GAS DRILLING RULES TO MISS DEADLINE: Scott Dance of the Sun reports that state environmental regulators say they will not adopt rules to govern gas drilling in Western Maryland by Oct. 1, missing a legal deadline one year out from the expiration of the statewide ban on the controversial practice known as fracking. While officials said regulations are still expected some time this fall, the delay means details of how the state would manage risks to groundwater and public health remain unclear as debate intensifies over whether and how safely hydraulic fracturing might occur in Maryland.
MD 11th IN DRUG LOBBYISTS: Brian Witte of the AP reports in the Post that Maryland ranks 11th among states for the average number of lobbyists each year working for makers of prescription painkillers and allied groups, when drug makers’ lobbying hires are ranked using a ratio factoring in all lobbyist registrations in each state, a joint investigation by the AP and the Center for Public Integrity has found. Nationwide, companies that make prescription opioid painkillers and allied groups have spent more than $880 million from 2006 through 2015 on campaign contributions and lobbying over the past decade as they worked to influence state and federal policies, the investigation found.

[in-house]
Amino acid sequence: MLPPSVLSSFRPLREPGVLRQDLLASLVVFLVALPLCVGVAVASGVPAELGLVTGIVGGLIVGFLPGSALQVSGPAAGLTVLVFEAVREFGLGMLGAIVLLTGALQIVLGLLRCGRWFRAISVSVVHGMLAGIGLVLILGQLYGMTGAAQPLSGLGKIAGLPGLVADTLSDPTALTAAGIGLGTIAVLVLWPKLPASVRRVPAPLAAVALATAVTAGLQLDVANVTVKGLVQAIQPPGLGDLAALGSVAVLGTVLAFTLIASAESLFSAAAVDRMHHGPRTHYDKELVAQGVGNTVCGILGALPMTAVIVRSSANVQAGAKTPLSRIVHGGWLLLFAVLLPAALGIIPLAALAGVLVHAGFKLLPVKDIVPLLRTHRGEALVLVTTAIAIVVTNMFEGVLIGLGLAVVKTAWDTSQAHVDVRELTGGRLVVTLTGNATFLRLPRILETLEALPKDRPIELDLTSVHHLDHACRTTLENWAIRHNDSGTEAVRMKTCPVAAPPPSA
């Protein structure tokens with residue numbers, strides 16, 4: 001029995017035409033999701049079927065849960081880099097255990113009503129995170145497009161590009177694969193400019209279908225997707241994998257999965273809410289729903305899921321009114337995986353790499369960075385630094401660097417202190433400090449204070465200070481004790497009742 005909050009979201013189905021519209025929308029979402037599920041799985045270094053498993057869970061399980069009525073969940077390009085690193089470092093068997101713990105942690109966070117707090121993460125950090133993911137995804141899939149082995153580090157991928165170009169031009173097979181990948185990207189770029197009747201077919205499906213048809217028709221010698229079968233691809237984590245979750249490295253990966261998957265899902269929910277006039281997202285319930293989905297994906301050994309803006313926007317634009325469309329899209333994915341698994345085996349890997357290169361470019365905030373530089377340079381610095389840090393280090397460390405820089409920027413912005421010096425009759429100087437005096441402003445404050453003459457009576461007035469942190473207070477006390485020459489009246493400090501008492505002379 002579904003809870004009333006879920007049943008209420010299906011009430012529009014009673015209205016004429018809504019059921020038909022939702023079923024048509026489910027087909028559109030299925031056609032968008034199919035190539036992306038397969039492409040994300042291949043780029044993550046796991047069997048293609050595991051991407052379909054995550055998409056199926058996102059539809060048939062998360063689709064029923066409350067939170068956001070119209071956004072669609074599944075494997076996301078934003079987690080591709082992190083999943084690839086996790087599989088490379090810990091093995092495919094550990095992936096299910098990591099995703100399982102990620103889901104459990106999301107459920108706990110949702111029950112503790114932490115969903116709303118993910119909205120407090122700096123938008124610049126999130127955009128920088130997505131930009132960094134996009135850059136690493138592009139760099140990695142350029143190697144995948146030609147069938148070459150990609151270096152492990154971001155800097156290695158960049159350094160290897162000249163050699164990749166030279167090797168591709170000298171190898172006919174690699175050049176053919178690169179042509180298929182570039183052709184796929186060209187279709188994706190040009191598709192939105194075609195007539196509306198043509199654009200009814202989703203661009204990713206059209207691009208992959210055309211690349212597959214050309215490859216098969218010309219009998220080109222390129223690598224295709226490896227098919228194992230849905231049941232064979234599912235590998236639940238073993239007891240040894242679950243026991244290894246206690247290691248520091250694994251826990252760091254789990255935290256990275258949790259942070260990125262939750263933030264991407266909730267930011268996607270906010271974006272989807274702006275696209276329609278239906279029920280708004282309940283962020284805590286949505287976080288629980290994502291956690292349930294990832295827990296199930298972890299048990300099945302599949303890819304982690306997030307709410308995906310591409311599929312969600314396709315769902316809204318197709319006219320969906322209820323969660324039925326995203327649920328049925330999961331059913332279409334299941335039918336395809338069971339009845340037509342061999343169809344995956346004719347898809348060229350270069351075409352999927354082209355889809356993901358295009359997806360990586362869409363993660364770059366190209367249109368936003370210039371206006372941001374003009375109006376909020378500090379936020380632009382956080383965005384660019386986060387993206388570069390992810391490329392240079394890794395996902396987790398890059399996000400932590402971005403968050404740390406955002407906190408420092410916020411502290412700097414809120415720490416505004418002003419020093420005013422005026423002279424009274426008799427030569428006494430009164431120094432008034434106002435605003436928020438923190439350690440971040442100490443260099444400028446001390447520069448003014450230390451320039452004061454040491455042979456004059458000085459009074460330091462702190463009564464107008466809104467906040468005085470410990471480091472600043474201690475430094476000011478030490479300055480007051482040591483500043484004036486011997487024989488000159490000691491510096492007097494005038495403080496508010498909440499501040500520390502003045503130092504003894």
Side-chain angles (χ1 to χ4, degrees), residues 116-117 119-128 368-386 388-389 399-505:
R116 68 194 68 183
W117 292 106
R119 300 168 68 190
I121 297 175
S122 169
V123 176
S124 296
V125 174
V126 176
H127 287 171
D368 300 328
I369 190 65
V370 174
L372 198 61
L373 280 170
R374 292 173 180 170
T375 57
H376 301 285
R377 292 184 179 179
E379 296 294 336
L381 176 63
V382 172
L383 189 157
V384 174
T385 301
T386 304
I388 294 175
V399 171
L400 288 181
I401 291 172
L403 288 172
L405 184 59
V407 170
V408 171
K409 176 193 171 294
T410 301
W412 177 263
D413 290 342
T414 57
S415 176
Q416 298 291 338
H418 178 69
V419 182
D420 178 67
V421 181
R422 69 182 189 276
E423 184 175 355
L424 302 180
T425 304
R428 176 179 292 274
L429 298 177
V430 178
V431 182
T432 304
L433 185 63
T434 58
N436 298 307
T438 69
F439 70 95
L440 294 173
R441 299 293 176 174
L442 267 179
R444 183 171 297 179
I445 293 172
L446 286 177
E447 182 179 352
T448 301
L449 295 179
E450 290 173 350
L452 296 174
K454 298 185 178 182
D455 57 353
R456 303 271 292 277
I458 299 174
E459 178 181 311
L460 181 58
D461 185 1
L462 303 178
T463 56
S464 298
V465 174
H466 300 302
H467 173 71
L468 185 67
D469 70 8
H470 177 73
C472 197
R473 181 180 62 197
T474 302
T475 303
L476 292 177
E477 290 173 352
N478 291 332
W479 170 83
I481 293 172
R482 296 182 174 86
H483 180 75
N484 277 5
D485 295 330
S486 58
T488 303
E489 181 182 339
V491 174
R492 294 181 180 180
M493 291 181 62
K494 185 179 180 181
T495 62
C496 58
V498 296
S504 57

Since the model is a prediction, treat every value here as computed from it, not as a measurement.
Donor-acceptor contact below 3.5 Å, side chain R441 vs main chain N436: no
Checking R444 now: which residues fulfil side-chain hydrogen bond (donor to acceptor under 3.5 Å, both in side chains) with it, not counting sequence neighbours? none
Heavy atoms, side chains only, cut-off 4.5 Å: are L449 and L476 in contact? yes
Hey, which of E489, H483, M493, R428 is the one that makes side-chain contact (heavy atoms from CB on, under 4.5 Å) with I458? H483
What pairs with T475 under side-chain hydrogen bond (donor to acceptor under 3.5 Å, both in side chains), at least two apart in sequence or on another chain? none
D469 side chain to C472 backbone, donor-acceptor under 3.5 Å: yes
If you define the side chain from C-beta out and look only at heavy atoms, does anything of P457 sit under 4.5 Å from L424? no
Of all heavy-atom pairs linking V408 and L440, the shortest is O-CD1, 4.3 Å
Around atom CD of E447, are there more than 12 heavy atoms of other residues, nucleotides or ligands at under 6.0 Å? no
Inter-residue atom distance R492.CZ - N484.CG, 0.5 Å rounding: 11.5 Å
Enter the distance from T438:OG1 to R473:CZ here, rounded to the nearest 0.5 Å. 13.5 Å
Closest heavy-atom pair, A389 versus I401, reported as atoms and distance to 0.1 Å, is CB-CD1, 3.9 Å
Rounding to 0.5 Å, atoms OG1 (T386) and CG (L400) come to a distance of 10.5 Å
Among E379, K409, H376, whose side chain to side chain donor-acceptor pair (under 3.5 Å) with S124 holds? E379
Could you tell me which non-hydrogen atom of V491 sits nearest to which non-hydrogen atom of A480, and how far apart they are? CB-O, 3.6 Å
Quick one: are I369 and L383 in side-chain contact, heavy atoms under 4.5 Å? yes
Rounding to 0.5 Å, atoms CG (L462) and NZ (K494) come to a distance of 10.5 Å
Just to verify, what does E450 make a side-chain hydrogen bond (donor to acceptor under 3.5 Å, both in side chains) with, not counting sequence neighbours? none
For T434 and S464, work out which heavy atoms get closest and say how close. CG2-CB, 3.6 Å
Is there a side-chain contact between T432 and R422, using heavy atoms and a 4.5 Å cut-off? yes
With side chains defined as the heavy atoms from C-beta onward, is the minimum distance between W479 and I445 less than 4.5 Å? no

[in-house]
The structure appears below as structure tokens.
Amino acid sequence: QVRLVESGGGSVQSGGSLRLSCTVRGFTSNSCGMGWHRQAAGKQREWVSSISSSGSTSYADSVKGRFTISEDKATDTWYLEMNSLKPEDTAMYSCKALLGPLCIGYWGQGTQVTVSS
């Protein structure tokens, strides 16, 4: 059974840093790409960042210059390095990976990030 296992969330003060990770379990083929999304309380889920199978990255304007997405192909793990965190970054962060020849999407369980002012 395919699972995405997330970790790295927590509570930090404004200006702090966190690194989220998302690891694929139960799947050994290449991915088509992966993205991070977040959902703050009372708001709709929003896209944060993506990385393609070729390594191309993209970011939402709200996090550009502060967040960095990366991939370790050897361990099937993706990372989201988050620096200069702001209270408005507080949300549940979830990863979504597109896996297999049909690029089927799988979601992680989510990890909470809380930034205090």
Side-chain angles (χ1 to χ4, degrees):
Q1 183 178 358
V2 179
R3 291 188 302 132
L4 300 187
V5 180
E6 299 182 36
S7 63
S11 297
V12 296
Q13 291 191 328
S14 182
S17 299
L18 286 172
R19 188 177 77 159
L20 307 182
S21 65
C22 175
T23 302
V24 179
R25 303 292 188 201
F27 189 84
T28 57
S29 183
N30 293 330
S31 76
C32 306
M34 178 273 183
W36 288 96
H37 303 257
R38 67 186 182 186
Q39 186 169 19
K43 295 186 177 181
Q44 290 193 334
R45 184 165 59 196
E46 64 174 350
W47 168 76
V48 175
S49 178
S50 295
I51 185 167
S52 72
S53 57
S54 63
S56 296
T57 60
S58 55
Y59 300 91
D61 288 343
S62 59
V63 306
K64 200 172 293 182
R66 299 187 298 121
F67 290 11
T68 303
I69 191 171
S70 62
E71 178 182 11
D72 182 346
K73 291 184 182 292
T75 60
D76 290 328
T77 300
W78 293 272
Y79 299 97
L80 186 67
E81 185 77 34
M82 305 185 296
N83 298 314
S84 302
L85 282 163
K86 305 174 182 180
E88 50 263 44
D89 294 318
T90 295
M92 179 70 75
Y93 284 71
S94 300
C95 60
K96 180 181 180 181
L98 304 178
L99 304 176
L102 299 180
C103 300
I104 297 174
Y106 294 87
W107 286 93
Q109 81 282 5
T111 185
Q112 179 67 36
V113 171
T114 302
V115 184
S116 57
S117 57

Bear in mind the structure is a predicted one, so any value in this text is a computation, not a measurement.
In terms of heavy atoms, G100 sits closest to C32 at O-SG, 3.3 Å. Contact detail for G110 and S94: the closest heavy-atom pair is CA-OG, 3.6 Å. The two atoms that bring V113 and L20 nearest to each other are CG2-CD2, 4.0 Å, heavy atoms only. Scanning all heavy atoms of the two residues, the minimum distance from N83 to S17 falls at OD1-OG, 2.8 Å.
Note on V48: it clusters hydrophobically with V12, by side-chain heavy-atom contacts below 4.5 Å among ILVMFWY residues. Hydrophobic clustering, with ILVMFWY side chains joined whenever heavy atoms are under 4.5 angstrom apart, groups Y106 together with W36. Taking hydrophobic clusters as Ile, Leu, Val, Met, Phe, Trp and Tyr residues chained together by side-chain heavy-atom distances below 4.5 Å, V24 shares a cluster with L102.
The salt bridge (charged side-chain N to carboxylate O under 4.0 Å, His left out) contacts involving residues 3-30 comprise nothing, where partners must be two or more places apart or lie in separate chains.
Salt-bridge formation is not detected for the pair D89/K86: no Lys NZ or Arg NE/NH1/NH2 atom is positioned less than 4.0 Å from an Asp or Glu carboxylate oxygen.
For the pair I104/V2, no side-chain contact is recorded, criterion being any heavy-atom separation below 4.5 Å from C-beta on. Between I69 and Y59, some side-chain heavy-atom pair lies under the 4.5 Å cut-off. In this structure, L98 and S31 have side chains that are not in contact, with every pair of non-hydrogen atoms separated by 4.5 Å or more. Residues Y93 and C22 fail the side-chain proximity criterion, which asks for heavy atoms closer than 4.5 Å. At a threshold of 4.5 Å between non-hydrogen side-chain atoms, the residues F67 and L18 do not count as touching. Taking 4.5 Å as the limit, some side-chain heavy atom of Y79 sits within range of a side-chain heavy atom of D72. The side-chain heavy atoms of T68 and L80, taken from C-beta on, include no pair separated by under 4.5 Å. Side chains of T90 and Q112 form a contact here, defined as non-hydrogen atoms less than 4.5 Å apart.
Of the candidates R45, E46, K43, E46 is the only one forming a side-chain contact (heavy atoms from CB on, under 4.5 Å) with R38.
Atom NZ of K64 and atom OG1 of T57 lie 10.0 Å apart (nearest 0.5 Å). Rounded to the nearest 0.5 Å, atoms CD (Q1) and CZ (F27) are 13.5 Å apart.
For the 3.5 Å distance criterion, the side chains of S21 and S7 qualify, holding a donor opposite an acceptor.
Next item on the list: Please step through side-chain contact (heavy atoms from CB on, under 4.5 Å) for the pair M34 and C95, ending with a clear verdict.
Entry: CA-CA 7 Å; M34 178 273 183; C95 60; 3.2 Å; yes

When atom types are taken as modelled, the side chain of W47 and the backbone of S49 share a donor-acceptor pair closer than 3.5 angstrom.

ELLICOTT CITY GETS FED DISASTER TAG: Ellicott City, which experienced in July one of the worst floods in Maryland’s history, has been declared a major disaster by the federal government, making it eligible to receive federal assistance to help for the costs of the response and recovery of the devastating flood that killed two people, displaced hundreds of residents and heavily damaged scores of buildings. Gov. Larry Hogan (R) said he was notified about the declaration on Friday, Ovetta Wiggins of the Post reports.
- Melody Simmons of the BBJ writes that the designation was made by President Obama and is the latest in a series of local, state and federal support for victims of the deadly July 30 flood.
BIZ REGULATION BURDENS: Holden Wilen of the BBJ reports that a commission reviewing Maryland’s regulatory environment for business is expected to hand in its second report in December recommending repeals of “overly burdensome” regulations, chairman Abba David Poliakoff said Friday.
CARROLL AGENDA EYES BIZ REGS: Del. Susan Krebs and Sen. Justin Ready have indicated that Carroll County delegation members would be interested in considering taking up statewide legislation that would call for the elimination of language in the Maryland Building and Rehabilitation Code that mandates businesses that move into a new building to make updates to the space related to Americans With Disabilities Act requirements, Heather Norris reports in the Carroll County Times.
RIGGED SYSTEM: Columnist Barry Rascovar for MarylandReporter.com writes “Maybe Donald Trump is right: The system is rigged. For proof, look at how interest groups are feverishly trying to “rig” Maryland’s choice of authorized marijuana growers and processors, writes The Black Legislative Caucus wants to “rig” the selection procedure so that people of color get their share (and more) of the lucrative payoff from legalized pot-growing, despite their lack of high rankings in the objective selection process.